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The modernisation of derivatives regulation will be welcomed by everyone who has had to battle the vagaries and inadequacies of Part 3 of the Securities Markets Act 1988 and the series of Authorised Futures Notices that, in practicality, define the existing regime.
The scope and direction of this reform has now been mapped out in the Financial Markets Conduct Bill (the Bill). This Brief Counsel describes the proposed framework and puts it in the context of international developments that are now fast approaching and will change the rules of the game.
The context for New Zealand derivatives regulation
As a small, geographically isolated trading country that is heavily reliant on international capital markets for its funding, derivatives play a vital part in New Zealand’s financial system and economy. A pity, then, that our regulation of this area is so antediluvian, inefficient and haphazard.
This is the situation that the Ministry of Economic Development (MED) is trying to address in the first comprehensive review of derivatives law since the late 1980s, when there was barely a swap market and exotica such as credit default swaps, Kyoto units, negative basis trades and volatility indexes were not even contemplated.
The MED’s response has been to bring derivatives within the framework as one of the four “financial products” that are regulated under the Bill. While this is undoubtedly the best way to proceed, it also creates a number of challenges because of important differences between derivatives and the other three financial products, all of which are securities (debt, equity and managed investment schemes).
The shock of the old
Derivatives currently attract their regulation largely from Part 3 of the Securities Markets Act 1988. This regime is now well and truly out of date, being based on a now twice-superseded New South Wales precedent.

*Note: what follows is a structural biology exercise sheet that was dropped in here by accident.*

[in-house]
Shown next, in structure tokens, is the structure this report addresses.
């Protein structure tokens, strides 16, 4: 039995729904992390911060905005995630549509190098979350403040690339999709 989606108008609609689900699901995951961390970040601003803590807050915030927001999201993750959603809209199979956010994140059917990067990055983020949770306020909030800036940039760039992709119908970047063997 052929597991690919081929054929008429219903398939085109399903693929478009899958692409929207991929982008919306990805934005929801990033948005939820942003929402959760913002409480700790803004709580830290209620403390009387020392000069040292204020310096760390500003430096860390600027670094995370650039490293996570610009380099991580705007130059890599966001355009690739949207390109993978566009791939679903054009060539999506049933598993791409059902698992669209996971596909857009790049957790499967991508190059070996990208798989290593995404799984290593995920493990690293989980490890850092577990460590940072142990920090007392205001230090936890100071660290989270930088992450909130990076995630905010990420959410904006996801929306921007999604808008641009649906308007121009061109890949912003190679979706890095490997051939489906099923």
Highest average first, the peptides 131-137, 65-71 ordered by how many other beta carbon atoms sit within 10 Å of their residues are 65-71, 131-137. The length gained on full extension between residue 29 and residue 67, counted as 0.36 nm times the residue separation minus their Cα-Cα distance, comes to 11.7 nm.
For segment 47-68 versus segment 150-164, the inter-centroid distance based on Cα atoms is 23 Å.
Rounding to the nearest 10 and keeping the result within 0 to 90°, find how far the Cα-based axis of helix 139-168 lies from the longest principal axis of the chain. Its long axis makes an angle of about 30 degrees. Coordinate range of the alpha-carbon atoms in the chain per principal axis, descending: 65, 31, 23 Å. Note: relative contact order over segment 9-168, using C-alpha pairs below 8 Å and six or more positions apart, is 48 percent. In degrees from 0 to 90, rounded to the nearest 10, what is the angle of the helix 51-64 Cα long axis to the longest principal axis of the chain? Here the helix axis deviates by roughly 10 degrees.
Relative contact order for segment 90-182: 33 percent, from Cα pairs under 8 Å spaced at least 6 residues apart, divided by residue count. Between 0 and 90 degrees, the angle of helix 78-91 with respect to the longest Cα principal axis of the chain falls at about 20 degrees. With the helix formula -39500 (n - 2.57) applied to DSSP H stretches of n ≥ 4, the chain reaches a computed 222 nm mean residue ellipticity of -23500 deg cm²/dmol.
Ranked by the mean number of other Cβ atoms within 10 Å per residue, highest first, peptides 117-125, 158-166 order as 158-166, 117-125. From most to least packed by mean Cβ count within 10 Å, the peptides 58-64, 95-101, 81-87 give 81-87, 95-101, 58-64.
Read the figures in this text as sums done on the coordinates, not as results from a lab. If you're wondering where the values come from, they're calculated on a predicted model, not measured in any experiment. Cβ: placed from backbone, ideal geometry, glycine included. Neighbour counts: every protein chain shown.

The regime is very haphazard and inefficient, having been developed over the past 20 years largely through Authorised Futures Dealers and Futures Contract notices. It is duplicative, in the sense that many “futures contracts” will also be debt securities, under the incredibly expansive meaning accorded to that term in New Zealand. It is also anomalous in that it applies to both retail counterparties (who presumptively require protection) and wholesale counterparties, who in other areas are rightly presumed to be able to fend for themselves.
These and other defects mean that an overhaul is overdue. The MED is to be congratulated for taking an entirely new direction in the Bill, as outlined below.
Navigating the new derivatives regime
Because the derivatives provisions are baked into the infrastructure of the Bill (for example, you won’t find a Part of the Bill labeled “derivatives”), a navigation guide is required to understand how the regime will operate. Making life more difficult in terms of getting to grips with the treatment of derivatives is the fact that obligations and requirements can arise from derivatives being a “financial product” and/or a “regulated product” and from various provisions about listed markets.
In that sense, almost the whole Bill regulates, or potentially regulates derivatives, even though they are the ‘odd man out’ in terms of being the only financial product that is not a recognised security.
One pleasing feature of the Bill is that derivatives have now been defined in a way that maps to the market, by using familiar terms such as swaps, options etc but with sufficient flexibility to accommodate the unusual or novel. The definition is in two parts: subsection (1) being principles-based and subsection (2) being the market terms, such as option and swap.
Also helpful is the fact that the core derivatives products and debt securities are now defined with mutual exclusivity – for almost all practical purposes, if it’s a debt security, it won’t also be a derivative, and vice versa. The potential for wasteful dual regulation should now be very limited or even non-existent.
Other key definitional matters to note are:
Derivatives are financial products and, as such, are subject to the core regulatory structures in the Bill, including:
Disclosure, modified disclosure requirements and exceptions
As with the other three categories of “financial products”, derivatives require disclosure:
There are two core exceptions that are likely to apply in the over-the-counter (OTC) derivatives market.
Offers to wholesale investors (as defined in clause 3 of the first Schedule) – which will include investment businesses, large customers (total assets over $10m or turnover over $20m) and government agencies.
Offers or sales of derivatives where the offeror/issuer is not a “derivatives issuer” (i.e. a person that is in the business of offering derivatives) (clause 17).